So we tanned his hide when he died, Clyde, and that's it hanging on the shed

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Africa » Morocco » Fès-Boulemane » Fes
May 21st 2015
Published: June 7th 2015
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Fes. Ancient city. Quintessential Morocco. Not to be confused with fez, a hat, usually with a tassel, often red, worn throughout Morocco and many other countries.

We ended our day in Fes, and awoke the next morning to something closer to the Morocco which had imagined.

Our visit to Fes began with arrival at Riad Fes. This being our first experience with a riad, we were stunned by the beauty and by the service we encountered. It was almost oppressive to our American tastes to have someone catering to our every whim, but we decided we must accommodate and managed to carry on under the burden. Although Fes has two medinas, the larger was the one where we spent time, and our riad was on the upslope edge of the medina, giving us panoramic views of the ancient walled city from the rooftop terrace of the riad. It is easy to define riad - quite simply it is a home with plain external walls without openings, which contains a central courtyard to which the interior rooms are open. It is much more difficult to define a riad as a place of lodging. It is often run by a single
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Cut tile table being assembled upside down
family, but is much more elaborate than a bed and breakfast. Probably best thought of as a very nice boutique hotel. Foregoing offered formal meal in the central courtyard, we retired to the rooftop terrace and lighter fare with much wine. The next morning we began our visit to an ancient city with ancient ways and a modern wrapper.

Fes was founded in 789 by Idris I, and then his brother started a new city on the opposite bank of the Jawhar River a few years later. These eventually combined into present-day Fes. The city is now the second largest in Morocco, with over 1 million inhabitants, but at one point in the late 12th century was the largest city in the world, with over 200,000 residents. United into one city by the Almoravids, Fes became known as a center of legal knowledge and as the site of the oldest university in the world, the Al-Qarawiyyin Madrasa, founded in 859. (Presumably owing to translation differences, the madrasas are also known under different but related names, such as madrassa, medersa, etc) The largest of the two medinas, made from the conjoining of the two original settlements on each bank of the river, is the Fes el Bali, and is a UNESCO World Heritage Site. The other medina is Fes Jdid ("new Fes"), so named because it was not built until 1276. Fes el Bali is said to contain 9000 alleyways. Although guidebooks will suggest that you can visit it without a guide, I would not recommend it. You will almost certainly end up needing to pay someone to guide you out.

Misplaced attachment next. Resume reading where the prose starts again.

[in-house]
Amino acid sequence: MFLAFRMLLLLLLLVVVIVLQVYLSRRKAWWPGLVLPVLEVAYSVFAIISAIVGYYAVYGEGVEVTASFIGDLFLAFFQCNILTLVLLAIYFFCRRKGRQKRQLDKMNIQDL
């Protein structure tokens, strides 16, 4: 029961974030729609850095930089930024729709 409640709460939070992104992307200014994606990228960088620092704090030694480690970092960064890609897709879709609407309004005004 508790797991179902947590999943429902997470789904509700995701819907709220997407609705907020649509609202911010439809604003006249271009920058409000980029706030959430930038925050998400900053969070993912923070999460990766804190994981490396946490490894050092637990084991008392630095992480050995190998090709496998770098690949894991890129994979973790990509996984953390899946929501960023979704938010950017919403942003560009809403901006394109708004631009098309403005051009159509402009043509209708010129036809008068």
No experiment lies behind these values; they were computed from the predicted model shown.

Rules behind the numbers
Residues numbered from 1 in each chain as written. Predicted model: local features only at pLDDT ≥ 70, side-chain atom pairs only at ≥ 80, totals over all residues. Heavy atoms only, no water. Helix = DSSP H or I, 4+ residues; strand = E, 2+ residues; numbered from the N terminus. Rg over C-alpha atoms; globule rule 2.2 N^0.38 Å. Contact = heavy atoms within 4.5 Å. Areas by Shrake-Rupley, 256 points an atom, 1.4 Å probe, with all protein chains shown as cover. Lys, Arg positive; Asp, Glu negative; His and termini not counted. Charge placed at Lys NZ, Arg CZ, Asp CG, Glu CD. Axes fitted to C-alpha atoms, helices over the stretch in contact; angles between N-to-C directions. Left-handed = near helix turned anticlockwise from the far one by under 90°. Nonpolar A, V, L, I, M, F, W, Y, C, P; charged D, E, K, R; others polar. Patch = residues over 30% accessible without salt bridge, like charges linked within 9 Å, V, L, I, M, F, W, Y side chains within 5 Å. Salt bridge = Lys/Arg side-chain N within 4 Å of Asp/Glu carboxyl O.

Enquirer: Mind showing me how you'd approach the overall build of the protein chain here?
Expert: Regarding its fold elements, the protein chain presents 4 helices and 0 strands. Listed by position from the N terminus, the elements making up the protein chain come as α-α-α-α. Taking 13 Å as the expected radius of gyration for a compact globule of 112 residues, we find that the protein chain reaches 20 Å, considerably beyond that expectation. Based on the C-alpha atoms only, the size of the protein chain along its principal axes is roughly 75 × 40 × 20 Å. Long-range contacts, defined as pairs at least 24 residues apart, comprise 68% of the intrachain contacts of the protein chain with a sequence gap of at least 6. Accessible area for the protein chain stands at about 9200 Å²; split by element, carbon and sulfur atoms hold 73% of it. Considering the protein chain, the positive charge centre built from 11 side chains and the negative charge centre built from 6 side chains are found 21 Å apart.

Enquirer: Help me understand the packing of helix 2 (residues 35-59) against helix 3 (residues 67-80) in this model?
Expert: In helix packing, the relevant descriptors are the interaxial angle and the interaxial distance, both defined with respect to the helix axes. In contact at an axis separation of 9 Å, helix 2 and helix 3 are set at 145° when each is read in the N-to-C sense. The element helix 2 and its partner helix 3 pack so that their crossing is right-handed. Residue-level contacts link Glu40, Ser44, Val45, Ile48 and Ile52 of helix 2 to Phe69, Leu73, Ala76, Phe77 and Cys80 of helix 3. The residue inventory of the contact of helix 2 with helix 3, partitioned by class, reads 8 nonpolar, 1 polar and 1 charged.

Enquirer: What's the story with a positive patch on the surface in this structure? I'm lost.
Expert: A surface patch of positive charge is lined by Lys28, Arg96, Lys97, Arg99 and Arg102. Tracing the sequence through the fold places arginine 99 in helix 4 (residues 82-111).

Our visit began at the Musée Batha, a small but very nice museum of artwork of Moroccan life. As usual, we were somewhat hampered by the lack of signage in English, but they had wonderful examples of the pottery for which Fes is famous, as well as ancient astrolabes and other more prosaic parts of life long ago. The collection is rather small, but of high quality and well worth a visit.

Our next stop was outside of the medina at an artisan shop called Art Naji. Here they craft clay from the Atlas Mountains into ceramics and pottery, including such mundane items as roof tiles and much more ornamental objects such as beautiful hand-painted tagines, vases, and perhaps most remarkable, hand-crafted tables. The tiles are hand-formed, dye and glaze is applied, they are fired, and then they are hand-chipped to the right size and shape to use in the object being assembled. Most remarkably, the tables are assembled face-down with the assembler having no guide other than his memory as to what colors and shapes go where, and with no reference to what has already been done. One mistake and the table is ruined. After the usual feeding frenzy of shopping for items to ship back home, we moved on into the medina itself.